Documents and resources
National Bio and Agro-defense Facility — NBAF — Necessity (pdf)
An overview of the NBAF mission is provided that includes: (1) the basis for why NBAF is needed; (2) a description and status of U.S. bio/agrodefense public policy; (3) key elements as to how and why Kansas won NBAF; (4) the lawsuit filed contesting the Kansas win; (5) the $1.25 billion construction funding breakdown and timeline.
Safeguarding American Agriculture in a Globalized World: 12/13/2017 Testimony (pdf)
The problems of HSPD-9 not being enforced today was addressed in a Farm Bill hearing of the U.S. Senate Agriculture, Nutrition and Forestry Committee on December 13, 2017. Testimony provided by K-State President Richard Myers addressed three key elements: (1) global biothreats to U.S. agriculture and potential consequences; (2) foundational public policy components of HSPD-9 intended to confront global biothreats; and (3) a proposed path forward which requires the six HSPD-9 biothreat readiness essentials [(A)-(F)] illustrated below to be in federal statute(s). President Myers was Chairman of the Joint Chiefs of Staff from 2001 to 2005, which gives him a unique perspective on global bioterrorism threats. He's very familiar with al-Qaeda's work on bioweapons post-9/11 intended to target not just people, but U.S. crops and livestock as well. Moreover, he also knows multiple terrorist groups and countries are still exploring the use of such bioweapons today.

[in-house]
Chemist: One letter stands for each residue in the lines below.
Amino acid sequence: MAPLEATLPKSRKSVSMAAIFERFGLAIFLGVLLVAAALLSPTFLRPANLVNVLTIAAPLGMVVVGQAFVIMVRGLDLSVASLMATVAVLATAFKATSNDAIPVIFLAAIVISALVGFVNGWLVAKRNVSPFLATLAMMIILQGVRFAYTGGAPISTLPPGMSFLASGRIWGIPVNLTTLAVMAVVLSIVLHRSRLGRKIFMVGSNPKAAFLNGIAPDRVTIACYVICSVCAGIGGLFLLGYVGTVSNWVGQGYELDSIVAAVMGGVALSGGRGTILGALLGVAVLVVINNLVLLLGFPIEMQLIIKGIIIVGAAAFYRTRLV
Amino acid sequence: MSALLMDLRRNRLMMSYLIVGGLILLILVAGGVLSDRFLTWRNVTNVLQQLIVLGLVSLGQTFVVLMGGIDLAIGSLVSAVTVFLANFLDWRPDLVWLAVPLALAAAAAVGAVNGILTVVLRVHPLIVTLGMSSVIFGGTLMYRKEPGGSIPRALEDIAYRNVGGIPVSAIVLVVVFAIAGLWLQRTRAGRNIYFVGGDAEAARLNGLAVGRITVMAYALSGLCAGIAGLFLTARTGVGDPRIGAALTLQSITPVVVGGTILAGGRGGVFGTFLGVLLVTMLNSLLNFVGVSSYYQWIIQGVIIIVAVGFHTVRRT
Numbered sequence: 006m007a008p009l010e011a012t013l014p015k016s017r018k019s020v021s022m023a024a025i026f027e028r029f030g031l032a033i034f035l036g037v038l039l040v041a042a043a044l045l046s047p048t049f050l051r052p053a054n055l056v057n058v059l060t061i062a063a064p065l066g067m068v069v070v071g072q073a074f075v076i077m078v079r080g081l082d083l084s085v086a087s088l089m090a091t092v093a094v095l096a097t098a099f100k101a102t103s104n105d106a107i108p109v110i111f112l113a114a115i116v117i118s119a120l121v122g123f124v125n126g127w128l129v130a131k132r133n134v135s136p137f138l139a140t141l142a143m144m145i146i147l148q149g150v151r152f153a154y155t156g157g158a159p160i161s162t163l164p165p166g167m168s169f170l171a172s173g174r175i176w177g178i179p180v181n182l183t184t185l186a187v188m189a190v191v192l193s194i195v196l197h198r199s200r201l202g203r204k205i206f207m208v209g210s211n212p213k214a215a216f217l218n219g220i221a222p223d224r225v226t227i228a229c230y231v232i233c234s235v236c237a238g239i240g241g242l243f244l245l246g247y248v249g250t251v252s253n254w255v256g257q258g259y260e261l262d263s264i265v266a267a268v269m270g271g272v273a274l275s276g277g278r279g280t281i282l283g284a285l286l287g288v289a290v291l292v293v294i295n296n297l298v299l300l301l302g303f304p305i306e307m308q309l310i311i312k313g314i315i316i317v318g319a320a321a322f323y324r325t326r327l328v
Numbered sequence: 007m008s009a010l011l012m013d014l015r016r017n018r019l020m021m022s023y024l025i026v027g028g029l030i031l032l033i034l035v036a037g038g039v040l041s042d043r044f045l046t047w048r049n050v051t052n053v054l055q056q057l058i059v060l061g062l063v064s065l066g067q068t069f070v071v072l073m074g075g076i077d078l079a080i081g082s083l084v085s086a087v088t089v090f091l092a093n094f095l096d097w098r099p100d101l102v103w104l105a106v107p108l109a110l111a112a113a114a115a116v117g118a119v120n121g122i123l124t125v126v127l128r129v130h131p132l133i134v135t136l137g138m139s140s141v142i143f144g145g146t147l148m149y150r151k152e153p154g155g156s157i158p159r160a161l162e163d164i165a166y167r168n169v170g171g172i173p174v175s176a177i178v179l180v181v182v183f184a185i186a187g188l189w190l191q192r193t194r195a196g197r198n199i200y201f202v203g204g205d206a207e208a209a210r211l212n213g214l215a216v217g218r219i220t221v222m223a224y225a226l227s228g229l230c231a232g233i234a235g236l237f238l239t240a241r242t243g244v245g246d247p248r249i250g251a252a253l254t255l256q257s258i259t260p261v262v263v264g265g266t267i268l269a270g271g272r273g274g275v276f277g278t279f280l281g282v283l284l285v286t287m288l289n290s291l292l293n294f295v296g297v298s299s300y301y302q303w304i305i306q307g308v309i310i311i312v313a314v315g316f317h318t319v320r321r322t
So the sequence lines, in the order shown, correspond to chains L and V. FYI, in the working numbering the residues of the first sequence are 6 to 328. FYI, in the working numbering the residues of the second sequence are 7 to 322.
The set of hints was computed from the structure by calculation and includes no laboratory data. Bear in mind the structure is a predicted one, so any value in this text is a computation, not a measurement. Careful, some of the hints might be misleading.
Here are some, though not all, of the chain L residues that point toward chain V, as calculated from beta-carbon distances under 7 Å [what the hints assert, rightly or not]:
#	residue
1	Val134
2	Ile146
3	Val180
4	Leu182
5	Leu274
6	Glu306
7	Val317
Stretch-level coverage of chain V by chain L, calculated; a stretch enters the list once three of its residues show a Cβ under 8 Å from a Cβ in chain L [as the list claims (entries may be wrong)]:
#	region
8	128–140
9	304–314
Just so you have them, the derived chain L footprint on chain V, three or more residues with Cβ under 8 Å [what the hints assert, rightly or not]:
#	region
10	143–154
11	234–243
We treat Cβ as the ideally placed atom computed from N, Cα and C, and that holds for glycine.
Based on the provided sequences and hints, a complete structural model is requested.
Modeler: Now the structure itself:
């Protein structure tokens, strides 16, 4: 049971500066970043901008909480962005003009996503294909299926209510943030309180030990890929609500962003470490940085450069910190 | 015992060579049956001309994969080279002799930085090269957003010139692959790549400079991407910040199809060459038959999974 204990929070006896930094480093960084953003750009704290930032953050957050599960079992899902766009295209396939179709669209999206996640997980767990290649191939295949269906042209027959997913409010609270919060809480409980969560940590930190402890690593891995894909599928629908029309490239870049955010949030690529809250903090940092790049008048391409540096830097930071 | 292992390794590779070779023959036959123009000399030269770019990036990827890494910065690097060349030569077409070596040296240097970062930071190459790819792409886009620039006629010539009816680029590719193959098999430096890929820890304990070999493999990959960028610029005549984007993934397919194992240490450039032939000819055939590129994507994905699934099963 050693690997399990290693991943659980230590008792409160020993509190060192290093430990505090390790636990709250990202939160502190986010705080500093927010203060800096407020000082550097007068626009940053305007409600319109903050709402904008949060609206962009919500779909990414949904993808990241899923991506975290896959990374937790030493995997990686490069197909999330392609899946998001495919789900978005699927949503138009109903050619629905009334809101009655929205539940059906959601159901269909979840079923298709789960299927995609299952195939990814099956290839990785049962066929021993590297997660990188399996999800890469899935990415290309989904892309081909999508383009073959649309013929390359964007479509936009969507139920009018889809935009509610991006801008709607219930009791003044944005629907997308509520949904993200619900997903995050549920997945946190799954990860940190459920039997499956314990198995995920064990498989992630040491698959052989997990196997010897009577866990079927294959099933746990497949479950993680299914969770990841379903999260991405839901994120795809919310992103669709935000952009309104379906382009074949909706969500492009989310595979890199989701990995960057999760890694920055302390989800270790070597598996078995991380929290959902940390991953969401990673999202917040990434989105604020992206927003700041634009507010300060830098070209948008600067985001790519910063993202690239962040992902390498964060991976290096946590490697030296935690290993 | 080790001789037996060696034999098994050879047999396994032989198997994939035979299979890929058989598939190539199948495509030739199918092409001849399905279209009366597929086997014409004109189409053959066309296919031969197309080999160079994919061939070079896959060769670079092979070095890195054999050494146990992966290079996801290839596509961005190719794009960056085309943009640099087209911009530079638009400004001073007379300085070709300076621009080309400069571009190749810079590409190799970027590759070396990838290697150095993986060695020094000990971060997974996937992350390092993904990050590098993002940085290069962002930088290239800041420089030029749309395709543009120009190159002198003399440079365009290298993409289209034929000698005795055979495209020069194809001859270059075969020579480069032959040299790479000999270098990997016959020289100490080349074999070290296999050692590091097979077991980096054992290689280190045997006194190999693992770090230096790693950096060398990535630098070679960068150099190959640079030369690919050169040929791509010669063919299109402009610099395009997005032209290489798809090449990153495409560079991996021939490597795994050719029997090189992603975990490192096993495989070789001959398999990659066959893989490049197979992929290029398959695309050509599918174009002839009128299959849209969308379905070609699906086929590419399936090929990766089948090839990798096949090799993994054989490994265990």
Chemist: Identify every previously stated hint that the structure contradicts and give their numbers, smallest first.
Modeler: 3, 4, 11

A bioterrorist attack on American agriculture - crops, livestock - and food could devastate the U.S. economy; naturally occurring diseases hitting the U.S. could do the same. Disaster responses to either come with a significant costs to the nation, as avian influenza and porcine epidemic diarrhea virus outbreaks have proven in recent years. Without a fully vetted, nationwide biothreat readiness system as called for in HSPD-9, the monetary consequences associated with bio/agro-disaster responses could grow exponentially...and likely would.
Bio/Agro Security Enterprise (pdf)
Kansas State University's Bio/Agro Security Enterprise (BASE) includes diverse and century-long programs involved in protecting America's food crops, food animals (livestock), food supply and public health. Thus, it is broader than the NBAF mission, which is focused exclusively on protecting animal health and public health.
The Silicon Valley for Biodefense (pdf)
The new, 2017 description of the evolving innovation district around NBAF is "the Silicon Valley for Biodefense," thanks to former Senate Majority Leader Tom Daschle with the Blue Ribbon Study Panel for Biodefense (now the Bipartisan Commission on Biodefense). He invoked that nomenclature during Panel hearings at Kansas State, January 26, 2017, entitled "Agrodefense: Challenges and Solutions." Manhattan, Kansas is where government/industry/university R&D partnerships are already providing solutions to emerging biological threats.
Kansas State University's 1999 Homeland Defense Program (pdf)
This 1999 document — which became known as "The Big Purple Book" — outlined the university’s Homeland Defense Food Safety, Security and Emergency Preparedness Program. The 100-page strategic plan for bio/agrodefense served as the blueprint for the Biosecurity Research Institute (BRI) at Pat Roberts Hall and multiple supporting programs.
Kansas State University's 1999 U.S. Senate Testimony (pdf)
Kansas State University's former president, Jon Wefald, presented testimony before the U.S. Senate's Emerging Threats Subcommittee, chaired by Kansas Senator Pat Roberts, on Oct. 27, 1999. The title was, Agricultural Biological Weapons Threats: Food Safety, Security, and Emergency Preparedness. Few others were concerned with protecting American agriculture - crops, livestock - and food from global bioterrorists back then.
K-State's NABC was established in 2002 to confront U.S. bio/agrodefense challenges post-09/11. Some of the NABC's early efforts are summarized in the two graphics below.